Another interesting remark from Reiter is that he’s far more worried about the business side of the 3D IC equation. He said, and I agree, that there are plenty of smart people to solve the technical problems. 3D IC designs are being done now. Xilinx is shipping Virtex-7 2000T FPGAs “in volume” now. Last week, the TSMC CoWoS test vehicle appeared in the Cadence booth at DAC. (See “3D Thursday: Want to see a closeup of the TSMC 3D IC test vehicle?”) It’s the business problems that will prove tough, said Reiter, who then compared this situation to the one we in the industry experienced in the late 1990s and early 2000s as the IC industry transitioned from a field of vertically integrated IDMs to a largely fabless business model. “Even IBM and Samsung cannot make [3D IC] technology cost effective on their own,” he said. The industry must build a collaborative ecosystem and the only way we can do that is to think in terms of reducing system cost, not just BOM cost.
Jumping back to the technical side, Reiter projected this slide from Dr. Paul Franzon of North Carolina State University:
Take a look at the longest bars representing operations that consume the most energy. The three operations that consume the most energy are DDR3 and LPDDR2 SDRAM transfers and SERDES I/O operations. These are all off-chip I/O operations. By no small coincidence, these are the operations that most benefit from 3D IC assembly because you can significantly reduce the size of I/O drivers (and their energy consumption) when driving chip-to-chip through TSVs (through-silicon vias).
(For more information, see “3D Technologies For Low Power Integrated Circuits”)
How much energy can you save? About 6x, according to this slide that Reiter took from a Cadence presentation at last week’s Design Automation Conference in San Francisco:
Where do these Cadence figures come from? Reiter explained that, to his knowledge, Cadence has done 8 or 9 complex, successful 3D designs with its partners so far. Note that 6x improvement in energy consumption is a big deal. Design teams will kill themselves for a 10% improvement and we’re talking 6x here.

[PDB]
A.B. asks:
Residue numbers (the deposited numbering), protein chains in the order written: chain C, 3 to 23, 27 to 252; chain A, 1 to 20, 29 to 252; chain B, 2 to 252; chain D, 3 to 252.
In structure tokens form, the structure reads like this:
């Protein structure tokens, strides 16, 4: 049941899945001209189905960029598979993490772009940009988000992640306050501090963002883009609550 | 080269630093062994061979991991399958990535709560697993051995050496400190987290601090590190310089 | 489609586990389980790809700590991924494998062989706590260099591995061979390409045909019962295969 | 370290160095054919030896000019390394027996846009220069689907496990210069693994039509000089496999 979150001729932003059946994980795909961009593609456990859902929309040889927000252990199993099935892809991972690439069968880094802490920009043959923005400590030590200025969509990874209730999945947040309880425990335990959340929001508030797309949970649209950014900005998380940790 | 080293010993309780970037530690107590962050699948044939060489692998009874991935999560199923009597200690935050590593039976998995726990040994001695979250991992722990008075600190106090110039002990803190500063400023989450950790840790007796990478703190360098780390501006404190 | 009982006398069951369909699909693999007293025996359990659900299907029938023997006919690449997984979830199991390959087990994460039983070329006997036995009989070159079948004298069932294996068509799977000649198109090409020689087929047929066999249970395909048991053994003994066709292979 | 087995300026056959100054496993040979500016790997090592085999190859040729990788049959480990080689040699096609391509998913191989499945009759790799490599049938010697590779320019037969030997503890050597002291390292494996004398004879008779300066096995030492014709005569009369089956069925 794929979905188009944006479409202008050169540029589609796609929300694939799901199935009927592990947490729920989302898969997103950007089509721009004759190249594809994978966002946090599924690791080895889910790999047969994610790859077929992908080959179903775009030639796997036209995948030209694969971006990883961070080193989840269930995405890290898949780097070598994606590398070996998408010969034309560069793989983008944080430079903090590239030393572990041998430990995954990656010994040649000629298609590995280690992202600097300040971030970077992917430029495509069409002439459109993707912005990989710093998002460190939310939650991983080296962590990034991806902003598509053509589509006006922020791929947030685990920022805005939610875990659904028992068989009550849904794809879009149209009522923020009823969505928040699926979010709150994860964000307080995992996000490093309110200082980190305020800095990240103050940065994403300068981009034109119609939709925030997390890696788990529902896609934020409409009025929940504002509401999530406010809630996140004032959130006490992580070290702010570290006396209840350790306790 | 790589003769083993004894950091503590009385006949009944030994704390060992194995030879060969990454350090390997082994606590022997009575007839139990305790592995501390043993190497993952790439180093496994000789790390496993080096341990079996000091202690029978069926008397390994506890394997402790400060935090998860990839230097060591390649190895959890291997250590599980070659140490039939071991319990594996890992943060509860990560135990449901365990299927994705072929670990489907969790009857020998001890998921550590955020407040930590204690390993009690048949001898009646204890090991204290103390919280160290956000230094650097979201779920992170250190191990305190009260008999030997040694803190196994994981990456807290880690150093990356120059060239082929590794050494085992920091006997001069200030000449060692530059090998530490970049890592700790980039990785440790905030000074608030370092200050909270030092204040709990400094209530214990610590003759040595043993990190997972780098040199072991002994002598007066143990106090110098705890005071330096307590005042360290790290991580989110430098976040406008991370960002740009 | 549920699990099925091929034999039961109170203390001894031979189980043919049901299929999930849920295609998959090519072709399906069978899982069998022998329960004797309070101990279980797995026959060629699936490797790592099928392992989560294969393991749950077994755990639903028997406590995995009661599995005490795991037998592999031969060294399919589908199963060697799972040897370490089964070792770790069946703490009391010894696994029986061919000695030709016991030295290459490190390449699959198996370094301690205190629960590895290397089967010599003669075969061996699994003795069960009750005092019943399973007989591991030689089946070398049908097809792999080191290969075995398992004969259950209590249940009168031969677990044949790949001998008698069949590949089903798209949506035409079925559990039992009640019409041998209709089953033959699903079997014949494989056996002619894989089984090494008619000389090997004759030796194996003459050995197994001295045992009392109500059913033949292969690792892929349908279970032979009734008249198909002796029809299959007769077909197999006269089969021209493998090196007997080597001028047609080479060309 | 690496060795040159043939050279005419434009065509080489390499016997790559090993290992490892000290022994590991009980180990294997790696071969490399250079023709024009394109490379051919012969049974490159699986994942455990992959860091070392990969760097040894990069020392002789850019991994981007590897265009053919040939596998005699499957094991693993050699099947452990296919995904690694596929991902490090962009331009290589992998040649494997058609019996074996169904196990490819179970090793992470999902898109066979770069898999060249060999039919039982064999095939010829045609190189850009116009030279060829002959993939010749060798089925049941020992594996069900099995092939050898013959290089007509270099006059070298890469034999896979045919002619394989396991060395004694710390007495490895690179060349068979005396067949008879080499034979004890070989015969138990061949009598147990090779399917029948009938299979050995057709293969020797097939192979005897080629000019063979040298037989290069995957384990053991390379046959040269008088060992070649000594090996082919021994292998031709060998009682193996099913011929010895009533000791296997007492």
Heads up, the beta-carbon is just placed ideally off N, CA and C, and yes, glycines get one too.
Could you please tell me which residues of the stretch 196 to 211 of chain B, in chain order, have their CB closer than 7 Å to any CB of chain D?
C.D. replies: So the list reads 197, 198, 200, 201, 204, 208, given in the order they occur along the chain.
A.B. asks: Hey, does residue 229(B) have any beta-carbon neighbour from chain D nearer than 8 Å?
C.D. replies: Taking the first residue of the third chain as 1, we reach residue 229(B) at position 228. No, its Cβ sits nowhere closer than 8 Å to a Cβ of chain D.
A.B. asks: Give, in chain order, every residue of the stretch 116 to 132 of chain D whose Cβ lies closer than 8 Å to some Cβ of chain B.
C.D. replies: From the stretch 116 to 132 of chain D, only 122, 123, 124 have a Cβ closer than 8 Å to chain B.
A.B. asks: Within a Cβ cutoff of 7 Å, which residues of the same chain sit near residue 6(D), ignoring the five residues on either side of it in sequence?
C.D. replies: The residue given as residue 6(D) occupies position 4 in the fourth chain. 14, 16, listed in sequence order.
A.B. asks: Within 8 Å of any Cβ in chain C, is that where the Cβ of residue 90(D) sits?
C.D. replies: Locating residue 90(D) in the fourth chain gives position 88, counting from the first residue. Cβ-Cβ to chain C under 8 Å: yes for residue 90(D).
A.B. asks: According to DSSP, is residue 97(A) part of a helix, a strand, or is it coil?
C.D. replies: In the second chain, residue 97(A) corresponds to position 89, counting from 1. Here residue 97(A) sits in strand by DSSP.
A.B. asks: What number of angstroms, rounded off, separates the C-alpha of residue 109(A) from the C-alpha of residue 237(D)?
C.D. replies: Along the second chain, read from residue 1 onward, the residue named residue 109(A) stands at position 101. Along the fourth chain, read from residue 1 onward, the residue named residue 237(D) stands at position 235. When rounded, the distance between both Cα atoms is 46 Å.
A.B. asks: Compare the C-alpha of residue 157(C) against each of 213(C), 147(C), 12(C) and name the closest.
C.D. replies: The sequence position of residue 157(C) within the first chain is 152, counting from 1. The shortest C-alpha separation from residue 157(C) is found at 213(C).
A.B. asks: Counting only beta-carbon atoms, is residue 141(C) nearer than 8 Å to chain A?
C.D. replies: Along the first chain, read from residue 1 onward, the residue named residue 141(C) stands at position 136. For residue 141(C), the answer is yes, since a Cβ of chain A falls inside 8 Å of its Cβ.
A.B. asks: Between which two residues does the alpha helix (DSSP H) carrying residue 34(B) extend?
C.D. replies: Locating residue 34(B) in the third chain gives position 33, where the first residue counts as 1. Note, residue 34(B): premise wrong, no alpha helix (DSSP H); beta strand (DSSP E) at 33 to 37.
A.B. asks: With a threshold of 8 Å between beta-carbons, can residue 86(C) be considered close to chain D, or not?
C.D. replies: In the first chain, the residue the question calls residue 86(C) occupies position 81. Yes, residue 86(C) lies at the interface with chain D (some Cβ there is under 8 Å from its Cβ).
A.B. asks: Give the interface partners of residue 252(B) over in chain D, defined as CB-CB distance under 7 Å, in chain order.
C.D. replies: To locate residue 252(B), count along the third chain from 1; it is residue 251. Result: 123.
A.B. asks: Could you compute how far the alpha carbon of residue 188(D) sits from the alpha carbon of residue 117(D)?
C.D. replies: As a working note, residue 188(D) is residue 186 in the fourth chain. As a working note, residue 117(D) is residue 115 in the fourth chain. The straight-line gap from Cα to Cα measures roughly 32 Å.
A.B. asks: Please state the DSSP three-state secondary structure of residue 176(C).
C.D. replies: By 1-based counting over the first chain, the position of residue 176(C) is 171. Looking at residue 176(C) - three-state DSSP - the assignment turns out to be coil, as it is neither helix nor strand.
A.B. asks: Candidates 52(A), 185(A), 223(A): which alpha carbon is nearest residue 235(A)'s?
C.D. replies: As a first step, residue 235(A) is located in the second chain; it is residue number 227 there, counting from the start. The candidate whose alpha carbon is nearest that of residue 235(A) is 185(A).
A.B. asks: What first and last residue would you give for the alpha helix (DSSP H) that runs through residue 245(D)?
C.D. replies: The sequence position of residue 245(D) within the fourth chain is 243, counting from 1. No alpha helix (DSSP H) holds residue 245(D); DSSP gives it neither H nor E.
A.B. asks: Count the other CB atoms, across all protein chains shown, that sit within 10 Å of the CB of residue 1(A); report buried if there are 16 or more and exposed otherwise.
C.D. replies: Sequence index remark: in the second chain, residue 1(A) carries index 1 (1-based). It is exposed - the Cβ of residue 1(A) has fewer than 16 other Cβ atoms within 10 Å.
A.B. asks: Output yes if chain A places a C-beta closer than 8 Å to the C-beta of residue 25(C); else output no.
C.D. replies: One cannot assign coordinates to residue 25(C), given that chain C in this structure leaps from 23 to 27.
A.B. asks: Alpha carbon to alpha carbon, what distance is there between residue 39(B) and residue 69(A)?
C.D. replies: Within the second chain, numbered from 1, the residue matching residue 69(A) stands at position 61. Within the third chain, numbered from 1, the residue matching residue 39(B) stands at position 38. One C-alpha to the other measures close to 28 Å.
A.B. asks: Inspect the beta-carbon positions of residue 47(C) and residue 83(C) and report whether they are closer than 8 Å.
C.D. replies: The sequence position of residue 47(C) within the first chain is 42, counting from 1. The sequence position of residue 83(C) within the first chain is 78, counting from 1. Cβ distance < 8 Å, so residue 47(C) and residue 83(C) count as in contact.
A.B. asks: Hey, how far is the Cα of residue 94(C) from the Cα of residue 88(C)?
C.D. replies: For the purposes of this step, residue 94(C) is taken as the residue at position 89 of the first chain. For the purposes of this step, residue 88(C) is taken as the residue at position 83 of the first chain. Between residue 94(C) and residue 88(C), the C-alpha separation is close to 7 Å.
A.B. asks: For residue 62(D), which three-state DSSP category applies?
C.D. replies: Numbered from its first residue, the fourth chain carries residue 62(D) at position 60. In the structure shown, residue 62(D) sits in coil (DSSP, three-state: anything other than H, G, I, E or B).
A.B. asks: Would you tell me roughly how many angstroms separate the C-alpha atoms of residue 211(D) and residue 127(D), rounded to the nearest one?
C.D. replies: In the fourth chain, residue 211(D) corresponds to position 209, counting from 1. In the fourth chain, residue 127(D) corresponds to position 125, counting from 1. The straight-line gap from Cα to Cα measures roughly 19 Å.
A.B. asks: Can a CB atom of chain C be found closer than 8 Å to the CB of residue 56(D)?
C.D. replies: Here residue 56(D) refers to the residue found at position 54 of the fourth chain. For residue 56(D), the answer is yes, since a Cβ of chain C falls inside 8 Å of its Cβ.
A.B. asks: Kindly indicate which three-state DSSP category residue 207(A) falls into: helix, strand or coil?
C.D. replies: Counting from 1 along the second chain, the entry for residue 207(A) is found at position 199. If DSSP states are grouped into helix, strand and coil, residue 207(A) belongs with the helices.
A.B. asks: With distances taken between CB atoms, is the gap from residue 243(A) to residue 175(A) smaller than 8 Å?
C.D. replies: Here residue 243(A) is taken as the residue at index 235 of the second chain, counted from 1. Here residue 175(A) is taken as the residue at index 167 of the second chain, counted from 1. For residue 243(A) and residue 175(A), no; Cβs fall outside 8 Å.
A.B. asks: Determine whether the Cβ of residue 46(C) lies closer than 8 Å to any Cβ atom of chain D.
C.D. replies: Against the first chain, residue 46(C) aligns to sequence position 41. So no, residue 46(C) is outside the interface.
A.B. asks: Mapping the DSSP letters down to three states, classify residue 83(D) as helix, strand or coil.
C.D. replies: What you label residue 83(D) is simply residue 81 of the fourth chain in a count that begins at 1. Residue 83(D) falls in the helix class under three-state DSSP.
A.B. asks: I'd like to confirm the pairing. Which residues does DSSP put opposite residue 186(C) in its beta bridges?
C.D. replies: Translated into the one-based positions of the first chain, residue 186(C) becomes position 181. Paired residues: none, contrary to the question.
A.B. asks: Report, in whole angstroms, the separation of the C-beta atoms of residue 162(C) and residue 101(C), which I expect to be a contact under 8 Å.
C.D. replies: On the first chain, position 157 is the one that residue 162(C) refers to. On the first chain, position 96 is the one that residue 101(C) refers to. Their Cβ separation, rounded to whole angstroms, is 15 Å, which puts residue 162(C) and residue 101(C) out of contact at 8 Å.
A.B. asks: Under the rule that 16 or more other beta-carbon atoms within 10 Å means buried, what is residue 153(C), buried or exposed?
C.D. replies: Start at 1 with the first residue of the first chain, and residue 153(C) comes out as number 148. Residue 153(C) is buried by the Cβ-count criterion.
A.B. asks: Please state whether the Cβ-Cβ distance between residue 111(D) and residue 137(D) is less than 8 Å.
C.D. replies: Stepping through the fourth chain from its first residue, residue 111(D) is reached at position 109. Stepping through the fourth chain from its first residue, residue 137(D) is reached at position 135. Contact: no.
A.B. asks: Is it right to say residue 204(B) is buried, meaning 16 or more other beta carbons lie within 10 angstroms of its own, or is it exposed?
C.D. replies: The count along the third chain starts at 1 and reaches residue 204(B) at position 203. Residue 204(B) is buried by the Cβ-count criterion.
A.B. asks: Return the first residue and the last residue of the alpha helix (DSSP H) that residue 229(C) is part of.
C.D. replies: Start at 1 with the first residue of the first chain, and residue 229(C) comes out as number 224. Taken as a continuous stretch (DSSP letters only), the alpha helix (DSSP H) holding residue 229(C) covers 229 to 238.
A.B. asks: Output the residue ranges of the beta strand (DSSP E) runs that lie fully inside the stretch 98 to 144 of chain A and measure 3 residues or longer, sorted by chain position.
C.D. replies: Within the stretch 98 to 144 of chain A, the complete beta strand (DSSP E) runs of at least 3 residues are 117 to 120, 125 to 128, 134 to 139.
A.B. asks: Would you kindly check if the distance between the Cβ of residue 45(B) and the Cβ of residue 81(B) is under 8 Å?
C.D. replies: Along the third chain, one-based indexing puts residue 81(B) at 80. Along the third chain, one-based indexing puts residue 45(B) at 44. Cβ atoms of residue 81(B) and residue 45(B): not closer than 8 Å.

Reiter then said that 3D IC packaging offers many benefits, which he amply illustrated during his talk, but that the technology isn’t right for every project. How do you decide if it’s right for a particular project? Reiter projected the best approach I’ve seen to making such a decision. He put up this prototype spider diagram:
As you can see, there are a lot of factors to consider. Some are technical: bandwidth, latency, and power dissipation. Many are economic: Form factor, NRE, time to market, unit cost and impact on system cost. Others are institutional: resources (internal and external), and risk elements. If you wanted a simple answer, sorry there isn’t one. If you wanted a real engineering problem to tackle, well there it is. Have at it.
One more slide that Reiter projected showed which types of system project might most benefit from 3D IC assembly:
The slide is from a few years ago and comes from Gartner. It suggests that products that are the most space and power constrained—media tablets, smartphones, and mobile PCs—stand to benefit most from 3D IC packaging and assembly. (I might easily add SSDs to this list because 3D memory stacking will make a huge difference in the amount of storage that vendors can stuff into industry-standard SSD form factors.)
Note: The “King” has spoken. Your audience has ended.